Yet the West failed to understand Suu Kyi’s ethnonationalist beliefs and balked when she supported the military’s attacks on stateless Rohingya Muslims in Rakhine state. After Rohingya militants targeted 30 security posts in 2017, government troops responded with “clearance operations”—they shot civilians, raped women, and burned down villages. Since then, more than 750,000 Rohingya have fled into neighboring Bangladesh.
In 2019, Suu Kyi defended the military’s actions at the International Court of Justice. She said some actions may have been disproportionate, but they didn’t amount to genocide. While international groups rescinded her human rights awards in disgust, the country’s Buddhist majority regaled her as the defender of their people. Her popularity continued to grow.
THE UNEASY POWER BALANCE between the NLD and the military threatened to topple as the civilian government sought to wrest control from the military’s hands. In 2020, the NLD drafted an amendment that would gradually decrease the proportion of the military’s seats in Parliament from 25 percent to 5 percent, allowing other groups to amend the constitution. It didn’t pass, but it signaled growing defiance.
Before the coup, Suu Kyi and Gen. Hlaing hadn’t spoken in months. Hlaing, who faced mandatory retirement in July, wanted to be president, but Suu Kyi refused to discuss it with him, according to The New York Times. Others noted the general feared the bad blood between the two top leaders meant he’d lose the massive wealth he had accumulated over the years.
Then came last November’s election, an even more decisive victory for the NLD than the 2015 election. The party won 83 percent of the seats up for grabs, including some in areas that typically voted for the military’s proxy party. The defeat led to an “existential crisis in the senior military,” said George Duncan, an American teacher and researcher in Yangon. (WORLD is using a pseudonym for Duncan’s safety.) “These guys spent their entire lives in the military, so they grew up admiring the rise and power of other generals. I think with the results of the election, there was a real concern that the NLD had the mandate to change the constitution.”
The defeated military spun a narrative of election fraud, claiming evidence of 8.6 million voter irregularities. But multiple international observers dispute the claim. Safeguards such as indelible ink pressed onto voters’ fingers and strict COVID-19 restrictions made it difficult for voters to vote twice.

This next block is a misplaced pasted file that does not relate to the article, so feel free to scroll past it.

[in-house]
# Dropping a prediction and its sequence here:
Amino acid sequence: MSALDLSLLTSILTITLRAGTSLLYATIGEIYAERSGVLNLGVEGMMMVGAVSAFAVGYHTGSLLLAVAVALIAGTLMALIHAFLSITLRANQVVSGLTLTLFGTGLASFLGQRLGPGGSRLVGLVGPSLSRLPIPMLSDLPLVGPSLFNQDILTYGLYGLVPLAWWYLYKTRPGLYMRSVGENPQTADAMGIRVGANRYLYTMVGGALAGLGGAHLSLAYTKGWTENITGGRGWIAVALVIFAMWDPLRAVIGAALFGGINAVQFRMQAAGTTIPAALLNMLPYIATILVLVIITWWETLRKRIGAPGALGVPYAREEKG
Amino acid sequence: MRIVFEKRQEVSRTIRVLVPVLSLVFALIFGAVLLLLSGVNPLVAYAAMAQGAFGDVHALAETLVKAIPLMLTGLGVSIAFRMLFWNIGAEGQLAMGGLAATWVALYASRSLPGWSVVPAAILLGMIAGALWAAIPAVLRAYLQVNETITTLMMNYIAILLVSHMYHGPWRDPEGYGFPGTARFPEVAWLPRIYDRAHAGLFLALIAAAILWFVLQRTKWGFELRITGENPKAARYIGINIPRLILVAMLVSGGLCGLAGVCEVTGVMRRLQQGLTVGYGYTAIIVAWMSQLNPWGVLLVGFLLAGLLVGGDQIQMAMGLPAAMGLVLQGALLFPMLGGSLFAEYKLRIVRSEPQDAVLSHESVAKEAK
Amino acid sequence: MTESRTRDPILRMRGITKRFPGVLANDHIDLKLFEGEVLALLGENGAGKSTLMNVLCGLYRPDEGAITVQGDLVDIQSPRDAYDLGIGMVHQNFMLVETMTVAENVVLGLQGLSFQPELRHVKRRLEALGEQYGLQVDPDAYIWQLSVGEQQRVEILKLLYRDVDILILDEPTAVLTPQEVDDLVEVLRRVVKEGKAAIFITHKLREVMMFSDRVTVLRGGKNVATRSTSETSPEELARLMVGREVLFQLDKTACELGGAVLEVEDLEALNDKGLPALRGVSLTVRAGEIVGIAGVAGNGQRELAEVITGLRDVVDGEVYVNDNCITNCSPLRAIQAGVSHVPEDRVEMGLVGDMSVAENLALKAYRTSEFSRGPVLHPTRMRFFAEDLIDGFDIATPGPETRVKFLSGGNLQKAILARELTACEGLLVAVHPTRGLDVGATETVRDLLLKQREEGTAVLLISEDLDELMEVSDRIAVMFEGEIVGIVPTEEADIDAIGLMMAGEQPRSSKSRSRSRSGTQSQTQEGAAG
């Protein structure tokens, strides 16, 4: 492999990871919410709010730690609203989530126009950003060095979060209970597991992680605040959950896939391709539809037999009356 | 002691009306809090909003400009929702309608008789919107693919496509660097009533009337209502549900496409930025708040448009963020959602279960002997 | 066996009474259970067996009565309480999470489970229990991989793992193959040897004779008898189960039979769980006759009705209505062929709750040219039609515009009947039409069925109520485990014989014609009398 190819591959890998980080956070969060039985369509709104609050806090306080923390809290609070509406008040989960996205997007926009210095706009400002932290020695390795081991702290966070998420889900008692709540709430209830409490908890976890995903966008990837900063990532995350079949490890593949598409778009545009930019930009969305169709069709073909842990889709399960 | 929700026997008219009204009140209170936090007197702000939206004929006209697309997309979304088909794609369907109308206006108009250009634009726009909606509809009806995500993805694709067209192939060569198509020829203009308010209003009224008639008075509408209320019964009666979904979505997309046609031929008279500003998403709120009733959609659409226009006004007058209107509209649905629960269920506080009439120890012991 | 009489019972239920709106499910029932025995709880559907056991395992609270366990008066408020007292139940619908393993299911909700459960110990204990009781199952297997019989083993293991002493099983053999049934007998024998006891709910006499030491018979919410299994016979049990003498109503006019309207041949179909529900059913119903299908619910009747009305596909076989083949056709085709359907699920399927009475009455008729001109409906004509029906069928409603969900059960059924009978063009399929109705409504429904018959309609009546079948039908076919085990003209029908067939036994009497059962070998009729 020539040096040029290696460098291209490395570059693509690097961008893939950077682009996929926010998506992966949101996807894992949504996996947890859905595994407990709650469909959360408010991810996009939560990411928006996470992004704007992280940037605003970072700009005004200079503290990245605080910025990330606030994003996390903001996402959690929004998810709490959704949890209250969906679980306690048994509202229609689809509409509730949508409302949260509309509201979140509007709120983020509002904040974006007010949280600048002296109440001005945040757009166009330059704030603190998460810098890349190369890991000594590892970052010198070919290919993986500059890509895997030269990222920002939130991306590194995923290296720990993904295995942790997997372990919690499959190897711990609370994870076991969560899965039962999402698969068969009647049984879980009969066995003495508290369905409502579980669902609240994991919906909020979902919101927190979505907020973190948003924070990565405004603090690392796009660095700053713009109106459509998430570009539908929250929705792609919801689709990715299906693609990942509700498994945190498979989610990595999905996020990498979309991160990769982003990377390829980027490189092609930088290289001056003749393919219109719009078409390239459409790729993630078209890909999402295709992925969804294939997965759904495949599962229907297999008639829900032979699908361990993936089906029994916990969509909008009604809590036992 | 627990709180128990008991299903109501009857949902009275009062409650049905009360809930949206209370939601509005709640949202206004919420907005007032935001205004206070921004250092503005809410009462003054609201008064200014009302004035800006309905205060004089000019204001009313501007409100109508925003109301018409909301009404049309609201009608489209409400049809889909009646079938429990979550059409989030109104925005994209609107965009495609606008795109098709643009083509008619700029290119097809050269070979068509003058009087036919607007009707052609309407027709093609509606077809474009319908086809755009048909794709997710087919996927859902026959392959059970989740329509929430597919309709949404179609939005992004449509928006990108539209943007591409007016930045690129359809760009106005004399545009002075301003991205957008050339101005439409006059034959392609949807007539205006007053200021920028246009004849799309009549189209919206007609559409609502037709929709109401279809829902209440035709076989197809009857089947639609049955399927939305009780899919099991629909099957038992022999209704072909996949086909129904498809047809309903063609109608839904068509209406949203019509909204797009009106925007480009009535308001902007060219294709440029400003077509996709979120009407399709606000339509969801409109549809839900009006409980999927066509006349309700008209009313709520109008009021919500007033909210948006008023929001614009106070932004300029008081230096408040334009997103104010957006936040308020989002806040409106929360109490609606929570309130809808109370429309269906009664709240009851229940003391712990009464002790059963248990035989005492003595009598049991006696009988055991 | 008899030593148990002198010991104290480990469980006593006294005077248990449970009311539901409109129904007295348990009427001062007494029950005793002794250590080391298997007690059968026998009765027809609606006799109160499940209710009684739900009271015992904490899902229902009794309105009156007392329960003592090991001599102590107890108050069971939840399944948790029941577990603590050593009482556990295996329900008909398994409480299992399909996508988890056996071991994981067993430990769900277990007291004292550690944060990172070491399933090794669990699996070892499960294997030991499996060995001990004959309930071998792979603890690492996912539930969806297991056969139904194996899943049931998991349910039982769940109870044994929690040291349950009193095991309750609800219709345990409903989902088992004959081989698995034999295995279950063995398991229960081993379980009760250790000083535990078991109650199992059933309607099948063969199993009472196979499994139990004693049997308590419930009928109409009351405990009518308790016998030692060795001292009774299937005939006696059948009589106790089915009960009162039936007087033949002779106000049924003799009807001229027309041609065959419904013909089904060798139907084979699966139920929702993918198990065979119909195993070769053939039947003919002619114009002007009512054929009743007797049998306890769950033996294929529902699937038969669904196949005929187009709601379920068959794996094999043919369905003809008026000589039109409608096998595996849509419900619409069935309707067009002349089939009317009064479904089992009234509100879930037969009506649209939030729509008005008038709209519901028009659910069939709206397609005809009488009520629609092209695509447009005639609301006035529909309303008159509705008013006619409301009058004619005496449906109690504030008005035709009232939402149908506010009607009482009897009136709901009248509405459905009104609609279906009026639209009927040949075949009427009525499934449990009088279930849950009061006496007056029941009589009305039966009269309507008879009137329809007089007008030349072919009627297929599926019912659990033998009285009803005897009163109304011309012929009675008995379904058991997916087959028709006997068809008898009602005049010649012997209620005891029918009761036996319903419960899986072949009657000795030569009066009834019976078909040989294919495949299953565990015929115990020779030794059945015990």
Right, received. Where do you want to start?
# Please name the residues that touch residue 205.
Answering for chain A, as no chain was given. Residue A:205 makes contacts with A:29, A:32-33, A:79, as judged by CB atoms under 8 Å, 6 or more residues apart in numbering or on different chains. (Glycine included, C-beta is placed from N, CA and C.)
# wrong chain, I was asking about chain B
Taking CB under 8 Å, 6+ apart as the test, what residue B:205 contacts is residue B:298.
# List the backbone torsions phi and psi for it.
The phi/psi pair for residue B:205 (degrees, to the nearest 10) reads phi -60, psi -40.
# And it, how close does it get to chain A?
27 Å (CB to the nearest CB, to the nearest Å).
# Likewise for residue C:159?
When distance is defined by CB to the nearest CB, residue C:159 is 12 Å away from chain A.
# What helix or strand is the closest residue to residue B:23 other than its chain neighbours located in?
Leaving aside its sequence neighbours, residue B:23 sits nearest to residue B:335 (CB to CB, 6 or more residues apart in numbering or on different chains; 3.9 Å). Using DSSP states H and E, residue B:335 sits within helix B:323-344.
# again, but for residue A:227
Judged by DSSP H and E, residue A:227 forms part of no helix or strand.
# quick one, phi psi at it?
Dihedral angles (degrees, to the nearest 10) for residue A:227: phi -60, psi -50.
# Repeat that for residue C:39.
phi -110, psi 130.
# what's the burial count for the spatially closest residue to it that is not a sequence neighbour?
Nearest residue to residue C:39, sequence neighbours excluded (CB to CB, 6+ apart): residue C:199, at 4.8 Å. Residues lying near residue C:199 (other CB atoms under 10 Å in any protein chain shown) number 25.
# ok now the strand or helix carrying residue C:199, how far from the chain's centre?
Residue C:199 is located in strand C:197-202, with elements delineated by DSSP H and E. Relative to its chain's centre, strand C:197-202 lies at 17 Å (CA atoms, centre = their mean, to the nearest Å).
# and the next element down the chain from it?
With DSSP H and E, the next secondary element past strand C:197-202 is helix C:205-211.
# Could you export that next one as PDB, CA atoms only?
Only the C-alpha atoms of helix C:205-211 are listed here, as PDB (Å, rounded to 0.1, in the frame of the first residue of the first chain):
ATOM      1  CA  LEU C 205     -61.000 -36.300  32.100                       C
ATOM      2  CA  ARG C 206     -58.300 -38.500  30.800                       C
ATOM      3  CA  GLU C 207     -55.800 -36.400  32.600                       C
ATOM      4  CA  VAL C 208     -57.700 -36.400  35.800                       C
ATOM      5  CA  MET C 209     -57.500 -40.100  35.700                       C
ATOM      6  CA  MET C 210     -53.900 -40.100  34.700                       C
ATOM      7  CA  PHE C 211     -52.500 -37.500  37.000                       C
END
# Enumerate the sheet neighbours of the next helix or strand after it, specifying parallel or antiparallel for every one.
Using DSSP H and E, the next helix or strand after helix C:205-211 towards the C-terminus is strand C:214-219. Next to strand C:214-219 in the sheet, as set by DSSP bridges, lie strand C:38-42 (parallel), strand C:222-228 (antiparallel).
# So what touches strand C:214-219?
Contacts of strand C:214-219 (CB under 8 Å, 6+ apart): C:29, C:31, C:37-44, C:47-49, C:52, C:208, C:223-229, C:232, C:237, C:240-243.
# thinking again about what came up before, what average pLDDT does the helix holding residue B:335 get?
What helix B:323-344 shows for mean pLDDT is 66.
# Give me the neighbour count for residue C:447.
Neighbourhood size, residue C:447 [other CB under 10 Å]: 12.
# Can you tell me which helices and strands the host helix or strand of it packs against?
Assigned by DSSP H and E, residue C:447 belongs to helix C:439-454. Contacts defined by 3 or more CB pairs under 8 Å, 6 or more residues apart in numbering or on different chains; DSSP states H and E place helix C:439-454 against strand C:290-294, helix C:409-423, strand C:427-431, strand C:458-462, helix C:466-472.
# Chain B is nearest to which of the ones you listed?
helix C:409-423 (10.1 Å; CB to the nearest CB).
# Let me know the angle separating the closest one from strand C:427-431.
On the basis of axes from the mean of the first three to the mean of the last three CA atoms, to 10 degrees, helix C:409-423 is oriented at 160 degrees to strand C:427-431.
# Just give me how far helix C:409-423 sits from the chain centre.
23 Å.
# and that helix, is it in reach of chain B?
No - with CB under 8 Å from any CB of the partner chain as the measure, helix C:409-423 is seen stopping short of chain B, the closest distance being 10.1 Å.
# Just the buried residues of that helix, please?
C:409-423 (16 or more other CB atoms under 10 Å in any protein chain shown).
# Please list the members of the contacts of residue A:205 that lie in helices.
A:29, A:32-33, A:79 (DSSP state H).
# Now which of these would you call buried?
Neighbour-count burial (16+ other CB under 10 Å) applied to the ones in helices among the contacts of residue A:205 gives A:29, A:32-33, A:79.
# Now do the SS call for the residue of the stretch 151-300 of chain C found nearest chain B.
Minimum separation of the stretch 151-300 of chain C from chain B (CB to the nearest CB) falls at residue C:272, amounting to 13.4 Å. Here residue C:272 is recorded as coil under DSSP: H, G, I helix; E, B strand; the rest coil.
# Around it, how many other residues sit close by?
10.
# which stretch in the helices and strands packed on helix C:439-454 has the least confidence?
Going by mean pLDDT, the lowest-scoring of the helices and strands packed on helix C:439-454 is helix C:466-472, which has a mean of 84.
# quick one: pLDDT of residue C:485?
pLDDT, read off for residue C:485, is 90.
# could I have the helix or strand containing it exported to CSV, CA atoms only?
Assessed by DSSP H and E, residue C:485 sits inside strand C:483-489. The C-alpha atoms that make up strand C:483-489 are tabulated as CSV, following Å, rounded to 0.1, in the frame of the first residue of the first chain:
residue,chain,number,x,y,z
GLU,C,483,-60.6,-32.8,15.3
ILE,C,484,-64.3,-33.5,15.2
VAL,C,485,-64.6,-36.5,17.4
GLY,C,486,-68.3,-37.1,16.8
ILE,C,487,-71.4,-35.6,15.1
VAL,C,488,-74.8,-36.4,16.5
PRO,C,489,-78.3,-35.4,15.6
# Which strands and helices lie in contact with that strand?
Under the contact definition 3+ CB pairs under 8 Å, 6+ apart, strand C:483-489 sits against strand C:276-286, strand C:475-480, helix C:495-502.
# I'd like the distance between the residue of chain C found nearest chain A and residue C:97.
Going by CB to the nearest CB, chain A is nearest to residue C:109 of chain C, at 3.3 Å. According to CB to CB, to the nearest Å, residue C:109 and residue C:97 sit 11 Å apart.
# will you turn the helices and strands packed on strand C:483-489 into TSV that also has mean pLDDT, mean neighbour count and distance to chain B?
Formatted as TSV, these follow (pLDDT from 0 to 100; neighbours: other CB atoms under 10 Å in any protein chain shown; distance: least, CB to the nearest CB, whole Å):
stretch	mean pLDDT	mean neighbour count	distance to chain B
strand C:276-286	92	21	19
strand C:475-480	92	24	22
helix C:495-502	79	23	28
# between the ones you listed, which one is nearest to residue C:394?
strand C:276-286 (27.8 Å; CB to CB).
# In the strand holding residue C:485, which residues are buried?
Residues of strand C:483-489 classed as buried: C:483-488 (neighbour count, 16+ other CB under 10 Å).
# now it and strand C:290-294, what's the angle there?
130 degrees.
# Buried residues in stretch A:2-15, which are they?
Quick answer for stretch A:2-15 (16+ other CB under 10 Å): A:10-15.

The military pressed the Supreme Court to hear the fraud claims and whether the NLD-appointed election committee carried out its duties. The election committee said it was investigating less than 300 complaints—not enough to overturn election results.
Days before the new Parliament session was set to open with the newly elected leaders, representatives of Hlaing demanded representatives of Suu Kyi reschedule Parliament’s Feb. 1 start date, disband the election committee, and reexamine the election results, insiders told Reuters. But Suu Kyi’s side refused. “You people are going too far, rude and insolent,” replied the military representative.
On Jan. 26, the military spokesman refused to rule out a coup. A day later, Hlaing said the constitution should be revoked if not observed. Pundits and citizens thought the threats were military posturing until they woke up Feb. 1 to armored vehicles rolling into the capital.
SINCE THE COUP, the military has arrested at least 680 people, including human rights activists, lawmakers, journalists, and protesters, according to Assistance Association for Political Prisoners. Police abducted members of the election committee and protesters under the cover of night. The military promised new elections in a year, but most citizens didn’t believe it: The past two military coups in 1962 and 1988 led to junta control for more than two decades.
In the first few days after the coup, the streets remained empty except for pro-army supporters blasting celebratory music from their trucks. But every night at 8 p.m., people all over the country poured out their anger by banging pots and pans, honking car horns, and drumming on metal banisters. Medical doctors began to strike—causing concerns as the country had been hit hard by COVID-19—followed by teachers, civil servants, bank employees, railway workers, and other industries seeking to bring the country to a standstill.
To disrupt communication, the military intermittently shut off or slowed internet and cell phone services. It blocked Facebook—the main reason people in Myanmar access the internet—as well as WhatsApp and Twitter. Still, young people used VPNs to circumvent the ban and openly expressed their anger at the military coup and their support for the NLD. Through social media, they organized protests, planned strikes, and shared protest safety tips.